We do not display automated warnings like on arXiv because all existing tools (known to us) produce too many false positives when applied to math content, which seem unsatisfactory for public statements (e.g., arXiv claims overlap for arXiv:1609.02231 and arXiv:1412.0555 where the same problem is considered for genus three and even genus).

Searching for "plagiarism" will not result in all cases, because that means that intention and priority has been clearly identified, which is not always clear especially when things are under investigation (indeed, we had various cases where the paper which was published, or even submitted, first turned out to be a copy of ongoing unpublished other work published later). Hence, the documents will be usually labeled as "identical", "almost identical", "parts are almost identical" etc. - the results https://zbmath.org/?t=&s=0&q=%28%28%22reviewer%27s+remark%22%7C+%22editorial+remark%22%29+%26+%28identical+%7C+plagiarism%29 may give an impression.

Olaf Teschke, Managing Editor, zbMATH


On behalf of MathSciNet / Mathematical Reviews, I concur with Olaf Teschke that we appreciate notification of such cases. We too sense that the number of cases has increased. The majority of the alerts we receive come from our reviewers. We sometimes have authors contact us to say that their papers have been republished by someone else. And we do receive a number of notifications from third parties.

If you wish to notify MathSciNet of such a case, you may write to [email protected] (as in MR Executive Editor). If you wish to become a reviewer, you may write to us at [email protected].

As with zbMATH, when a case of duplicated text or duplicated papers comes up, we contact the editorial boards of both journals, inform the editors at zbMATH, and add a note to the listing of the paper.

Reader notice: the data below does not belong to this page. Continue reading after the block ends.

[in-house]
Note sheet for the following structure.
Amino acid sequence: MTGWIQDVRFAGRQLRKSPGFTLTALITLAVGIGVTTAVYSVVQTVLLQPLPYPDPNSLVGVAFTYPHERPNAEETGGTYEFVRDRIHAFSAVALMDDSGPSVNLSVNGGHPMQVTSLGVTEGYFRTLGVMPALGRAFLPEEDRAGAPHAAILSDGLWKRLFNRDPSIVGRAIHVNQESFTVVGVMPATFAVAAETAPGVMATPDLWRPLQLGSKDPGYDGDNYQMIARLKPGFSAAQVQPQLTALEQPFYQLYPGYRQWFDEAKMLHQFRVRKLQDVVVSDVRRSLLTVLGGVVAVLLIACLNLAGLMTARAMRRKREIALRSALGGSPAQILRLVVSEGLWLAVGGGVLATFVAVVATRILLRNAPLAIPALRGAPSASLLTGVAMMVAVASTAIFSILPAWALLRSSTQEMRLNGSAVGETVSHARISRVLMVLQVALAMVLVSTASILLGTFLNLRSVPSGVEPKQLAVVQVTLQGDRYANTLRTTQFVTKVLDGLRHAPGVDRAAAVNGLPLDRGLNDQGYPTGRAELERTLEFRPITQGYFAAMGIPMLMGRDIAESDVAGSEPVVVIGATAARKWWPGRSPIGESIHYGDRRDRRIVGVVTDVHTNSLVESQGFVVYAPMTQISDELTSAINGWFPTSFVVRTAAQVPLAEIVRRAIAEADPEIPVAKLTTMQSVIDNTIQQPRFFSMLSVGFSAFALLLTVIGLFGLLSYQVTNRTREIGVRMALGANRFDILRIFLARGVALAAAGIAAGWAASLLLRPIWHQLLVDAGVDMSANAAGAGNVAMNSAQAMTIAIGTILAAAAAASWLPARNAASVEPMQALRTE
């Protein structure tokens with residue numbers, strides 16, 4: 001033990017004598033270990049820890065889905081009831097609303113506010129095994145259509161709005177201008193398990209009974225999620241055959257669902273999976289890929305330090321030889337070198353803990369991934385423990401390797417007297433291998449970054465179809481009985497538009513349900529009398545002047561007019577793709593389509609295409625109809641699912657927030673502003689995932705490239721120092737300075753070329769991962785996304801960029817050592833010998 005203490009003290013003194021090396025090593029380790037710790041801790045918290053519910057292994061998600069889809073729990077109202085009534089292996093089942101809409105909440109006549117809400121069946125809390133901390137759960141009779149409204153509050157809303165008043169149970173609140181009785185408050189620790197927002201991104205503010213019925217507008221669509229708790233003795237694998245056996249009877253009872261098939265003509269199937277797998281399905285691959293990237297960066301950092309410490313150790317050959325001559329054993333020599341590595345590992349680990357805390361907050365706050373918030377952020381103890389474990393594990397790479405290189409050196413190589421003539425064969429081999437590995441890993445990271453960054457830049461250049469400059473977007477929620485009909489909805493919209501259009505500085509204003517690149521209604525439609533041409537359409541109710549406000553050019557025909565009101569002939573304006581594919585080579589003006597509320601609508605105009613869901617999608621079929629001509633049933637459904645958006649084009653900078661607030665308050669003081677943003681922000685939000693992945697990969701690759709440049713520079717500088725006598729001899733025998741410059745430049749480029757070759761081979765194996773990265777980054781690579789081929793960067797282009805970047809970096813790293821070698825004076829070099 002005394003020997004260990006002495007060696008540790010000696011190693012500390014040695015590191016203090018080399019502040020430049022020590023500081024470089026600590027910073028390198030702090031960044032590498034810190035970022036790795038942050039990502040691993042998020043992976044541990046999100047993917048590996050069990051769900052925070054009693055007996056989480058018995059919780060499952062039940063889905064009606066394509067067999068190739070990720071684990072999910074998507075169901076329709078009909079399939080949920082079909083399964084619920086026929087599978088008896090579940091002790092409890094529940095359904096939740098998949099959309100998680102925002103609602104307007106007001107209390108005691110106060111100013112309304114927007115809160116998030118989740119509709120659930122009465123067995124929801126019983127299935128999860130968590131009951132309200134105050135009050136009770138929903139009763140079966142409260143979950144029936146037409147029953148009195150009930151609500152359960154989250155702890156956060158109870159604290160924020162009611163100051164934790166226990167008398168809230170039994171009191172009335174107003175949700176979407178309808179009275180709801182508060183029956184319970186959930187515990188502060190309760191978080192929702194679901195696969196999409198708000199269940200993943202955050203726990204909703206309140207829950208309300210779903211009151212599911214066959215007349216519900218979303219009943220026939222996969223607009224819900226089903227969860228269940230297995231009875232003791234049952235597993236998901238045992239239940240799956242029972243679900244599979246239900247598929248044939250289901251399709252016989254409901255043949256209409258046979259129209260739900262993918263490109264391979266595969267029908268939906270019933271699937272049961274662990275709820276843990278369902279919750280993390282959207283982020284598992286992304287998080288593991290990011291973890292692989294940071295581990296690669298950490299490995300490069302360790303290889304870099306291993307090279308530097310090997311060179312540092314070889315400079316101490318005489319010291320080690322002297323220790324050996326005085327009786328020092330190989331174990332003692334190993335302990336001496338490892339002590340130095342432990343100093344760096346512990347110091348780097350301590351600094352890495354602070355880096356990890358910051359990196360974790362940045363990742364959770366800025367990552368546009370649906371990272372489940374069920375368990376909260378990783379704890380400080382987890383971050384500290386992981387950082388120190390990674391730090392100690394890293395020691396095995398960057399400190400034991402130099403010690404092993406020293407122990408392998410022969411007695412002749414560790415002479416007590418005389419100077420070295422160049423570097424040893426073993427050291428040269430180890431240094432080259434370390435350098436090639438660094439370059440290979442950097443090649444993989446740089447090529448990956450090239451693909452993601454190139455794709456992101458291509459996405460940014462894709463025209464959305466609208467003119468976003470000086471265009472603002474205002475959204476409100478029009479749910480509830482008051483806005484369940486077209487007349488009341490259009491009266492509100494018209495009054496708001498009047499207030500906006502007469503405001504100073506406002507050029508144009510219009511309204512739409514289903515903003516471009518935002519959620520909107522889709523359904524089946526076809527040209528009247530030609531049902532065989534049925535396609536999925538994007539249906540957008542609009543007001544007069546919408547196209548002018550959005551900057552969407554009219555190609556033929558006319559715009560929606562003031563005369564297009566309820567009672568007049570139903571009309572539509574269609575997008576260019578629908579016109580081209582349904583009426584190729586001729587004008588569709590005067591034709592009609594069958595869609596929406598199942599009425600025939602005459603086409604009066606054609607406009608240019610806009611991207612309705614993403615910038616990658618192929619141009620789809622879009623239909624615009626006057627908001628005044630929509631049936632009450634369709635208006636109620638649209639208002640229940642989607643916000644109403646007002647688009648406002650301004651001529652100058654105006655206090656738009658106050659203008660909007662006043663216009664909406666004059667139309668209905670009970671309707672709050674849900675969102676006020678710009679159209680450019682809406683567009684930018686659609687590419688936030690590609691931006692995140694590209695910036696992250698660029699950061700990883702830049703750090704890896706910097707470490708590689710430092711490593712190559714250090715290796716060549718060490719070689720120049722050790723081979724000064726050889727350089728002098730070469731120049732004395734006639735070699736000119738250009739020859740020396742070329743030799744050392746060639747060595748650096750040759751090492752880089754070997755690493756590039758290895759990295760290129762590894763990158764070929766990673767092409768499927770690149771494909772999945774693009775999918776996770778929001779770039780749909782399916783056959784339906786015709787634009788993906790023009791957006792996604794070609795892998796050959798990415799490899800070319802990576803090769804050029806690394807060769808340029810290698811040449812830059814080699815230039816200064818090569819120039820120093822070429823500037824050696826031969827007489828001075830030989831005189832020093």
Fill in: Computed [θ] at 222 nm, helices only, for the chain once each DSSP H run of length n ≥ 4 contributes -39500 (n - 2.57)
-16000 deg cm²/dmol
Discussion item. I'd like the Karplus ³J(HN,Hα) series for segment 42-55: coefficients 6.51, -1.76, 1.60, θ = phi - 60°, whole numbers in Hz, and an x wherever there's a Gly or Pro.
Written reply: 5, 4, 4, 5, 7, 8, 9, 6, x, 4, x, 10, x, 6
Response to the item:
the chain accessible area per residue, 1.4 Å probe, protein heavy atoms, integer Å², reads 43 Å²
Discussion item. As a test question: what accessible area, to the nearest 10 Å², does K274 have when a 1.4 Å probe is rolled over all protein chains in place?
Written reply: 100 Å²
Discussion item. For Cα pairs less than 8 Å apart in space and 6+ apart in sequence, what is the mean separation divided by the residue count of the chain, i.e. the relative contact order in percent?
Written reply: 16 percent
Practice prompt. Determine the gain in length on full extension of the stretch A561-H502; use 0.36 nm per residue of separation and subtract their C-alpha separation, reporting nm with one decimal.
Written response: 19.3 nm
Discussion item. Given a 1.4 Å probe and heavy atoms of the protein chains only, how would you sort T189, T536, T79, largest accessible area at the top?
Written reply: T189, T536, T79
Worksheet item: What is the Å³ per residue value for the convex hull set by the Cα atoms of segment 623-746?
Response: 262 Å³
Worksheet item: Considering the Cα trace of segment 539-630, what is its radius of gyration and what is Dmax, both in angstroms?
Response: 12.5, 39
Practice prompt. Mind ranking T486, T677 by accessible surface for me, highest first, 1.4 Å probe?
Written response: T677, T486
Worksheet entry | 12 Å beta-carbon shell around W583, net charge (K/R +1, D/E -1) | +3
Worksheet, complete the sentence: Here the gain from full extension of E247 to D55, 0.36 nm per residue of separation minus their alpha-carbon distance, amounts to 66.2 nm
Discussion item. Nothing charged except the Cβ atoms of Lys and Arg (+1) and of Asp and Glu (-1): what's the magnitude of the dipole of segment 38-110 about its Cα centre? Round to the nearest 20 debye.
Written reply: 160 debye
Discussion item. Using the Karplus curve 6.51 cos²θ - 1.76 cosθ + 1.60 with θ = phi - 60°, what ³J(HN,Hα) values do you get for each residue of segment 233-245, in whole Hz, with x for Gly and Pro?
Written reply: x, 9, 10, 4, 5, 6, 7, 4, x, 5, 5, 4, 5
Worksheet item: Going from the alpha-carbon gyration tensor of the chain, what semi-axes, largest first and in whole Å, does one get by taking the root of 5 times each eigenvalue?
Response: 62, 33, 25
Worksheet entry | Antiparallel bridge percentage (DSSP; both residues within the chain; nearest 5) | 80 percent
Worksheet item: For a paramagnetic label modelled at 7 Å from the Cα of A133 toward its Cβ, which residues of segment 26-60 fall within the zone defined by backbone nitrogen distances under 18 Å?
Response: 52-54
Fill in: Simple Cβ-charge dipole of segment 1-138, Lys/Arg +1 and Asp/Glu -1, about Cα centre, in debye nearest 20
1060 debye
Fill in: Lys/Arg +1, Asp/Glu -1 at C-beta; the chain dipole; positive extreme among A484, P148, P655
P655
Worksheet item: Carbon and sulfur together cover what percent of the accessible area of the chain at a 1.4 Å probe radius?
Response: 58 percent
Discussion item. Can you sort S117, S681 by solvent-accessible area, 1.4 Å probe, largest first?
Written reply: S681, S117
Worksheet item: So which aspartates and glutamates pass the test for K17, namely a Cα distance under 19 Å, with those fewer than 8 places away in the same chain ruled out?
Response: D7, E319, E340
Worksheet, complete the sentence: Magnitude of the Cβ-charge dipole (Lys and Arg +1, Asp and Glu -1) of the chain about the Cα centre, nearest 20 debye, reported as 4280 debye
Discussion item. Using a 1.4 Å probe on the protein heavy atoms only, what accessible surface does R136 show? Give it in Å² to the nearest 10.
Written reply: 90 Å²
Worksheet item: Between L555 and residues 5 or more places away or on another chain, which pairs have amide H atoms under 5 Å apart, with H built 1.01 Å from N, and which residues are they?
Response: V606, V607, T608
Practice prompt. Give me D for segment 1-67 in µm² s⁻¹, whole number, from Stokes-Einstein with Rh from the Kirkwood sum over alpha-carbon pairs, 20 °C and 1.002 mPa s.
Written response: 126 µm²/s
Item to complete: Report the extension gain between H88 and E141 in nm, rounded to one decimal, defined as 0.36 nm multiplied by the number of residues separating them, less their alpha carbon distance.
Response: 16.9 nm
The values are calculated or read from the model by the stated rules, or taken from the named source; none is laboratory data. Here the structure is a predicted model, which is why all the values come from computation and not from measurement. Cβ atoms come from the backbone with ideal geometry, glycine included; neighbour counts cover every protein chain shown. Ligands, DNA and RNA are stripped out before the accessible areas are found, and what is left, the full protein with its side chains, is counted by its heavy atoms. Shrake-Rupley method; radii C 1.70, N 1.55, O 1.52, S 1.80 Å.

Edward Dunne, Executive Editor, Mathematical Reviews

  • $\begingroup$ Clearly I should accept this answer as well -- just the site lets me accept only one! $\endgroup$
    – Stefan Kohl
    Apr 21, 2017 at 9:35

What you should do about it: (1) Decide if the case is blatant enough that action is demanded. There are many borderline cases where a previous paper is attributed but not adequately; probably they are not worth bothering about. (2) Send both papers to the editor of the journal which published the second paper, with a covering letter spelling out what copying has been done that you believe is unacceptable. Include a CC to the author of the first paper. A CC to the editor who published the first paper is optional. No CC to the plagiarist is needed; the editor of the second paper will take care of that if he/she decides to act.

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    $\begingroup$ It would be safer not to make assumption about who copy from whom before a proper investigation. $\endgroup$ Apr 20, 2017 at 20:02
  • $\begingroup$ @YiftachBarnea Often it is obvious, but you make a good point. In that case notify both editors simultaneously and let them sort it out. $\endgroup$ Apr 21, 2017 at 1:08
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    $\begingroup$ Actually it is not my point, but the point of the Olaf Teschke above. However, I thought it is worth stating again as it is such a sensitive issue. $\endgroup$ Apr 21, 2017 at 8:33
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    $\begingroup$ Yes, it can be difficult to know which is the original. I am aware of one case where someone published a preprint version of someone else's paper. So, going by received-by date or publication-date, you would arrive at the wrong conclusion. $\endgroup$ Apr 22, 2017 at 15:08